5/25/2014 1:00 A.M. ET
Strasburg discusses rash of arm injuries in league
By Bill Ladson / MLB.com
PITTSBURGH -- Nationals right-hander Stephen Strasburg is not a doctor, but he was asked why so many pitchers were having Tommy John surgery lately. Strasburg didn't mention any particular player, but he is concerned about how future pitchers are being used at a young age, especially during travel ball season, which is played year round.
"Even during the offseason, I go watch my buddy's travel team and the team they are facing, they bring this kid in," Strasburg said. "It's December and he throws 120 pitches in four innings. [There is this other kid] who threw 190 pitches in 14 innings in high school. That whole mindset of travel ball and high school, it's becoming such a year-round sport. Pitchers at 9 years old are exclusively pitchers, not playing any other positions. For me, at that age, I played other positions, too.
"I think that whole change of it has become more of a job at a younger age and kids not understanding or having the resources of learning how to take care of their bodies. You see these kids, they feel great and never get sore, so they keep throwing. It's like taking money out of the bank and not putting anything back in."
Strasburg had Tommy John surgery in 2010, but it had nothing to do with him pitching year round. He sprained his medial collateral ligament on the second to last day of the 2009 Arizona Fall League season and it affected his ability to prepare for the 2010 season. Strasburg couldn't run or lift weights with his lower body. In fact, he couldn't do anything until four weeks before Spring Training.
It seems unbelievable because he was dominant in the Major and Minor Leagues in '10. Who can forget his Major League debut against the Pirates on June 8, 2010? He allowed two runs in seven innings and struck out 14 batters. His last game was Aug. 21 against the Phillies that year.
"I didn't have my legs under me when I got called up," Strasburg said. "You have so much more adrenaline going on. You are not used to it. You are reaching back on every pitch, trying to make every pitch better. You don't need to go and try to throw 100 [mph] every time. You are out there trying to do it, especially with the young guys. They might be able to. Locating the fastball a little bit better, try to change speeds a little bit more -- just understanding the situation will definitely help you. Having veterans in the clubhouse, I've been able to learn those things. In the course of the season, it adds up."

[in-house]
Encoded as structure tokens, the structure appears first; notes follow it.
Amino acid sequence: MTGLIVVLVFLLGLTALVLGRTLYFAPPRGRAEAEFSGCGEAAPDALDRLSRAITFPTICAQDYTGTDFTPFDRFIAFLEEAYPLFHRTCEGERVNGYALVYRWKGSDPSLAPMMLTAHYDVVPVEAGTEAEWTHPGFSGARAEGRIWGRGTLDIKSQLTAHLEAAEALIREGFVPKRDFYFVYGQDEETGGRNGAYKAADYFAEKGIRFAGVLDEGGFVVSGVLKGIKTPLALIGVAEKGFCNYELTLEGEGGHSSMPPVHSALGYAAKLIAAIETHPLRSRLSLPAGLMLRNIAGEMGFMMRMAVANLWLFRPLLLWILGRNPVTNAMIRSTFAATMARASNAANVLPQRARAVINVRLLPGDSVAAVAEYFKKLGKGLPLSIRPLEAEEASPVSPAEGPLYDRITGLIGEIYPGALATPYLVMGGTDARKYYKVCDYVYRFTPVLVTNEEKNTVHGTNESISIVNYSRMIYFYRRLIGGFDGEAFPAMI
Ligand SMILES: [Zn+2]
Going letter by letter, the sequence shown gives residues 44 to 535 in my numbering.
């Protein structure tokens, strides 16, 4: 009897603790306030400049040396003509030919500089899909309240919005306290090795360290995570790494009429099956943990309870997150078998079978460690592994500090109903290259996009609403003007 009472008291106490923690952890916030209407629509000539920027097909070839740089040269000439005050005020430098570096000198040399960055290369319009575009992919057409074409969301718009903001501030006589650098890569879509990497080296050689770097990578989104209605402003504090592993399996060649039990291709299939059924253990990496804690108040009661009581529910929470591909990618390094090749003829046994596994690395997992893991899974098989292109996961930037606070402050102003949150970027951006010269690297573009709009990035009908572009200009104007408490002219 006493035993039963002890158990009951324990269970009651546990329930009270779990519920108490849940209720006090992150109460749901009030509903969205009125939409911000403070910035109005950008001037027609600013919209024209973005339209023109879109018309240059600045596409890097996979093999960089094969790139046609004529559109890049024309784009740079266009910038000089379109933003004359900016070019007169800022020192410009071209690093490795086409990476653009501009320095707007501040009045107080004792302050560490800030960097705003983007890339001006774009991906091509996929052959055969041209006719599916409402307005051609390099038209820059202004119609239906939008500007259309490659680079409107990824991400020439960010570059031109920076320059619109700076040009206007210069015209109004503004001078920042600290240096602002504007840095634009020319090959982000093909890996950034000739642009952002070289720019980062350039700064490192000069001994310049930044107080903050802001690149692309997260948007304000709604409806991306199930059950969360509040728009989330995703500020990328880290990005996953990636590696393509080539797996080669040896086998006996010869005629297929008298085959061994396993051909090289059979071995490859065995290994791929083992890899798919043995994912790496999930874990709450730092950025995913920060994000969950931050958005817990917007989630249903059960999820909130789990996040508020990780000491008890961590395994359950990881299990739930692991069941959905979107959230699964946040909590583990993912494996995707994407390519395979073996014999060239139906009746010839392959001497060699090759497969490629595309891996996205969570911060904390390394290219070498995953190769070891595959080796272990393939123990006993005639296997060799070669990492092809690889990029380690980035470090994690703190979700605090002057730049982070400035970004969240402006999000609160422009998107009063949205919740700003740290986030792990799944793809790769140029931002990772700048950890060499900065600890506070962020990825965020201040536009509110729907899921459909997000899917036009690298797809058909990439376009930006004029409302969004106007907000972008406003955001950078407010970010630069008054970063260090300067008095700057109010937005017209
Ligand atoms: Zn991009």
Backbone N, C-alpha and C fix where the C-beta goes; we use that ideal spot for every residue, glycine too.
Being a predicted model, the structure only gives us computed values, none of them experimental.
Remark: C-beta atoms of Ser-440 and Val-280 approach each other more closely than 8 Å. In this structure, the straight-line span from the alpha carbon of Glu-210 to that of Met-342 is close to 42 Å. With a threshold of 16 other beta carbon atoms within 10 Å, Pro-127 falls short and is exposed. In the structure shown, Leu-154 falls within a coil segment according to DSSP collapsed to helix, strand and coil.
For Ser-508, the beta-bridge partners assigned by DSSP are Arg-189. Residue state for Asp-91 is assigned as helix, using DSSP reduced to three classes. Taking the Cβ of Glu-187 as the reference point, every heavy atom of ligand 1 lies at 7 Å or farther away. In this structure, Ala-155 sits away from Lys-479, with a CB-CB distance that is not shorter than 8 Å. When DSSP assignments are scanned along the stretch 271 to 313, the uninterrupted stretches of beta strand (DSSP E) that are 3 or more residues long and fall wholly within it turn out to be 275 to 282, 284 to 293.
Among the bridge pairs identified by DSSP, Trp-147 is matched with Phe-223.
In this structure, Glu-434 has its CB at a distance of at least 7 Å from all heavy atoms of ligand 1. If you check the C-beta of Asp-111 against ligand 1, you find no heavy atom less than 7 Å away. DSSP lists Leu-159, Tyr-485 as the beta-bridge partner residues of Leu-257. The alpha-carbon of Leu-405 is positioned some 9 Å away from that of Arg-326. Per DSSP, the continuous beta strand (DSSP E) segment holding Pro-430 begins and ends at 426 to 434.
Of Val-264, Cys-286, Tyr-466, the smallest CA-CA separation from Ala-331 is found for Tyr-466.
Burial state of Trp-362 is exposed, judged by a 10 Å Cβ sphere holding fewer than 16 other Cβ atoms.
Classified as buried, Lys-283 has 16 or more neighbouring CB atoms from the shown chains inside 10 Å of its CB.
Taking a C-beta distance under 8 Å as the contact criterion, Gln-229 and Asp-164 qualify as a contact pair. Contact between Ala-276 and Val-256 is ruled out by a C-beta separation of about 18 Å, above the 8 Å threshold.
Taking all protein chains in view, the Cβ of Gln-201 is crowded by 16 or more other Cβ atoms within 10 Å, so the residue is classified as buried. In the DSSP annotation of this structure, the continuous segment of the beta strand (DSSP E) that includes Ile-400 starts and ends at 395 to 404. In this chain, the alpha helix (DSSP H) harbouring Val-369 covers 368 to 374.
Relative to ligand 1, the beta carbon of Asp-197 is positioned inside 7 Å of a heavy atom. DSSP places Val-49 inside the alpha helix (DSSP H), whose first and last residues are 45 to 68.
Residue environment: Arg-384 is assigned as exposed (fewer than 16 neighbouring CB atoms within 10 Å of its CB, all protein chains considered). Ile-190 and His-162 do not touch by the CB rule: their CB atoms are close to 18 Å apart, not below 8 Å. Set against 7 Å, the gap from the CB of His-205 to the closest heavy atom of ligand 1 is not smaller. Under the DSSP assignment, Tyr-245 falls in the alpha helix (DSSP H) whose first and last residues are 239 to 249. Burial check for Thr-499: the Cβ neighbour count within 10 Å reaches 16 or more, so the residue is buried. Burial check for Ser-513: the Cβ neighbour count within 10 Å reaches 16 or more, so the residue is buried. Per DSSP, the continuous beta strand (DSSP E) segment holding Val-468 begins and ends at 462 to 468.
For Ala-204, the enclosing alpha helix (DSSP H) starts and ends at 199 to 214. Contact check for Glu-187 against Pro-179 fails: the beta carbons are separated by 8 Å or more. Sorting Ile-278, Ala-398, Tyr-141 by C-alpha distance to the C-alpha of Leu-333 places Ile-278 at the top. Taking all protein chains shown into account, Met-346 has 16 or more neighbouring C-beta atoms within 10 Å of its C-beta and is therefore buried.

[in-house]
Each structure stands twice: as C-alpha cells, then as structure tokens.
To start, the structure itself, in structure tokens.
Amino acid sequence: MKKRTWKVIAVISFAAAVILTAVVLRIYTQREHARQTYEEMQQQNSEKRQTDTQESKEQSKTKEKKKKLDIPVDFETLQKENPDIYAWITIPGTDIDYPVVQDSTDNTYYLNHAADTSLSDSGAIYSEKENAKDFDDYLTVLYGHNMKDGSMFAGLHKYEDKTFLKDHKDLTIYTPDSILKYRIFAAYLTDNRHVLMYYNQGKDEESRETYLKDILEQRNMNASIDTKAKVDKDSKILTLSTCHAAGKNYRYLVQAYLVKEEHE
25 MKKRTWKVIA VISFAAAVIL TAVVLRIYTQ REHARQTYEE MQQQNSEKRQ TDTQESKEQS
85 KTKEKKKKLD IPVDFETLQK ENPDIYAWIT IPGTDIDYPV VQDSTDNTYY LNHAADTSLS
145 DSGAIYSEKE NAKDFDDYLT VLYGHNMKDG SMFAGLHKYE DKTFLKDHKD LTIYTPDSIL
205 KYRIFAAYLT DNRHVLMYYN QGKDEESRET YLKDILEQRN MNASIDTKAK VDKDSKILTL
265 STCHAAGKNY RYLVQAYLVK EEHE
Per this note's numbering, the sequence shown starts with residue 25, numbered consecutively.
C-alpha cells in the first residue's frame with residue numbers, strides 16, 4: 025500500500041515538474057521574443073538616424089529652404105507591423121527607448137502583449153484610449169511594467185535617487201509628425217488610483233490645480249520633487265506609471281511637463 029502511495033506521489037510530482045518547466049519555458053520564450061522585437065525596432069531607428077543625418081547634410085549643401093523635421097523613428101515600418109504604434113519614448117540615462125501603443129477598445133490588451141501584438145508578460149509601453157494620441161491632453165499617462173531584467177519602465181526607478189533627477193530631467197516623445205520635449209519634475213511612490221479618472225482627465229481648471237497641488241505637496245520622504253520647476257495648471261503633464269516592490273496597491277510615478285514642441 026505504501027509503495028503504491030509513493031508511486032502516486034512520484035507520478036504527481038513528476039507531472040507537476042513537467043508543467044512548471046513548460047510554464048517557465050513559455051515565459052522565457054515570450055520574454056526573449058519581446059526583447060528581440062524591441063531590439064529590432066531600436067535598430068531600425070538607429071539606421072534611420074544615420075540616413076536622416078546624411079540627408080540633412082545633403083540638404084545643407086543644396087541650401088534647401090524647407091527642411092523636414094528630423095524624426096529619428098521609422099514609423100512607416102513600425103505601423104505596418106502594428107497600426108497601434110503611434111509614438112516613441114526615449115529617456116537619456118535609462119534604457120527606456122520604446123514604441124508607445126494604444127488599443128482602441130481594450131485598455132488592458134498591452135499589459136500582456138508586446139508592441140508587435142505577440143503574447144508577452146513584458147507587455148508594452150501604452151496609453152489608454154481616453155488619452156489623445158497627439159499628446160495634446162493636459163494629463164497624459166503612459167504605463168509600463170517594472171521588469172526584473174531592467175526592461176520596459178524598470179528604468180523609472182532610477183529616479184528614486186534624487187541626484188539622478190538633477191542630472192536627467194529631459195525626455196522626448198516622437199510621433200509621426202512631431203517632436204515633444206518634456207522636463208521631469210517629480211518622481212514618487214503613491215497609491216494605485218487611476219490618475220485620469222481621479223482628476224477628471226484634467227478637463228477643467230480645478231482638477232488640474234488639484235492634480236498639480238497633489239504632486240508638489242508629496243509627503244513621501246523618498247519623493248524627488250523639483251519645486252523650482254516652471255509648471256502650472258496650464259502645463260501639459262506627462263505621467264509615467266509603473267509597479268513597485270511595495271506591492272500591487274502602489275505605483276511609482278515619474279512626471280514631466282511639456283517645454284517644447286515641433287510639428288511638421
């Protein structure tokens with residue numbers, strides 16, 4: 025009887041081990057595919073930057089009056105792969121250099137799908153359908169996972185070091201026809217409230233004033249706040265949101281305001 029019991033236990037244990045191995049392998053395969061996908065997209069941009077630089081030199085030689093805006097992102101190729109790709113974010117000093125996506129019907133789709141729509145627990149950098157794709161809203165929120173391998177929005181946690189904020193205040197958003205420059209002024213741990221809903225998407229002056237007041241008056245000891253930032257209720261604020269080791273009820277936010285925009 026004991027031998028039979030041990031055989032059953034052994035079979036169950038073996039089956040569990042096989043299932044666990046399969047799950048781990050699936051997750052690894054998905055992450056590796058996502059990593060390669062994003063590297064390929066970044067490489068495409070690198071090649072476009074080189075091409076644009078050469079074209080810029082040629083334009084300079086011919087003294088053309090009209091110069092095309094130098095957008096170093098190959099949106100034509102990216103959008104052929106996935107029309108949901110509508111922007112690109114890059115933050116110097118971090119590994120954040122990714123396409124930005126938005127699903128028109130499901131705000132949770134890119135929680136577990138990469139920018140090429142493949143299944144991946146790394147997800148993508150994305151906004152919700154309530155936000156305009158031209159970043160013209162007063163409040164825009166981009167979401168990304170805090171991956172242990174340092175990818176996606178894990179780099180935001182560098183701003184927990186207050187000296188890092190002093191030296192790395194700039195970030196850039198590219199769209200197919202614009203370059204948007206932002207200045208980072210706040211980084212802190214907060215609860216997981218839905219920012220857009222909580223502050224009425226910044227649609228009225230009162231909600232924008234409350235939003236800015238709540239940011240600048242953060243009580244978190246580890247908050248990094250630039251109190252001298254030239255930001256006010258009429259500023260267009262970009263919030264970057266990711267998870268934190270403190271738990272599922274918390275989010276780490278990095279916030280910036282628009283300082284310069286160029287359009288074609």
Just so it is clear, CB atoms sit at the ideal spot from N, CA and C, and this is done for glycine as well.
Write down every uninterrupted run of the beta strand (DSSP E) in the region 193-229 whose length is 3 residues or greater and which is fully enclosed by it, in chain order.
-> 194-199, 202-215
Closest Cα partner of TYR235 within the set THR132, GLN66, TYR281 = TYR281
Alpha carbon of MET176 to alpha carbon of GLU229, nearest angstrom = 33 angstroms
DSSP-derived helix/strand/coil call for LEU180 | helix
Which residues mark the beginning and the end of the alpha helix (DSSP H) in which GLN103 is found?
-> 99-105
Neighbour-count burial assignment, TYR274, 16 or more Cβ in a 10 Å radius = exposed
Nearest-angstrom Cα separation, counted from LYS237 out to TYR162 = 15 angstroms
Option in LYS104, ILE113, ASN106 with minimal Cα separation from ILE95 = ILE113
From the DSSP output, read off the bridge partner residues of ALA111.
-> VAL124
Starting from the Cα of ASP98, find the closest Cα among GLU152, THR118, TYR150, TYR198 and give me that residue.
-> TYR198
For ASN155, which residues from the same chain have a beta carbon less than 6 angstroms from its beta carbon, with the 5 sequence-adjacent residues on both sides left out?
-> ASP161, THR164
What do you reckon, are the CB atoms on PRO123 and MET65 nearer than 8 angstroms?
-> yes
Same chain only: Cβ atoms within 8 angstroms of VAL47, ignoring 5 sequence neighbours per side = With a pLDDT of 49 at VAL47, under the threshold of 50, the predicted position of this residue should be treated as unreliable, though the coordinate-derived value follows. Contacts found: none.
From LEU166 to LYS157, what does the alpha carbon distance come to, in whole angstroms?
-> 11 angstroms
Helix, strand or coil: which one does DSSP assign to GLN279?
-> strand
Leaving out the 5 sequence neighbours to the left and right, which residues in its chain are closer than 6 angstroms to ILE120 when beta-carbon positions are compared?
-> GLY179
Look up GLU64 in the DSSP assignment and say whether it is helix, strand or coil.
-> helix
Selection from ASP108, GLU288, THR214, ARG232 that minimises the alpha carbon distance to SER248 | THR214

Strasburg also said he didn't take care of his arm during off-days while he was in the Minors.
"I was throwing every single day until I got called up. The plan was to condition my arm and get it in shape. As you know, during the course of the season, guys use the off-day to their advantage. It's great not to pick up a baseball and recharge your batteries."
After pain-free BP, LaRoche set for return
PITTSBURGH -- After playing two rehab games with Class A Advanced Potomac and Double-A Harrisburg, Adam LaRoche rejoined the Nationals on Saturday and took batting practice with the team without any problems.
LaRoche is currently on the 15-day disabled list because of a right quad strain, but he will be activated to play on Sunday, according to manager Matt Williams.
"I got to test it in a game the last two days between Potomac and Harrisburg," LaRoche said. "I can't really feel it. I can't even say that it's just tight or even sore. I didn't feel it at all. I'm really surprised that it was gone. As bad as it hurt and from what we could see from the MRI, I didn't think with a week off it would make it go away."
LaRoche's biggest test came while he was with Harrisburg. One of the Senators hitters almost hit LaRoche in the dugout with a flying bat. LaRoche got out of the way quickly and knew he was ready to play.
"There was a left-handed hitter up and the [hitter] swings and he let's go of the bat and it's flying at LaRoche in the dugout," Williams said. "He ducked and got out of the way. He felt good about that. The bat hit a Gatorade cooler and ripped the nozzle off. He had Gatorade all over his back, so he is ready to go."
LaRoche was one of the hottest hitters on the Nationals when he was placed on the disabled list on May 11, hitting .319 with five home runs and 21 RBIs.
"Hopefully, that's a boost for us. We are glad to have him back," Williams said about LaRoche.
With LaRoche coming back, the Nationals optioned infielder Zach Walters to Triple-A Syracuse. The Nationals want him to get consistent at-bats in the Minor Leagues.
"He is a young player and he has been pressed into action because of [our need in the big leagues]. It's important for him to get at-bats," Williams said. "He did some really good things for us, but it's good for him to get back down and get some consistent ABs."
Gio throws on flat ground without discomfort
WASHINGTON -- Nationals left-hander Gio Gonzalez threw on flat ground for the first time since he was placed on the disabled list this past Sunday because of left shoulder inflammation. He threw for only a few minutes, but didn't complain about discomfort in the shoulder.
Gonzalez will throw on flat ground again Sunday at PNC Park. Manager Matt Williams didn't give any timetable as to when Gonzalez will be activated from the disabled list.
"He'll stretch it out a little bit more tomorrow and look to getting back on the mound," Williams said.
Bill Ladson is a reporter for MLB.com and writes an MLBlog, All Nats All the time. He also can be found on Twitter @WashingNats. This story was not subject to the approval of Major League Baseball or its clubs.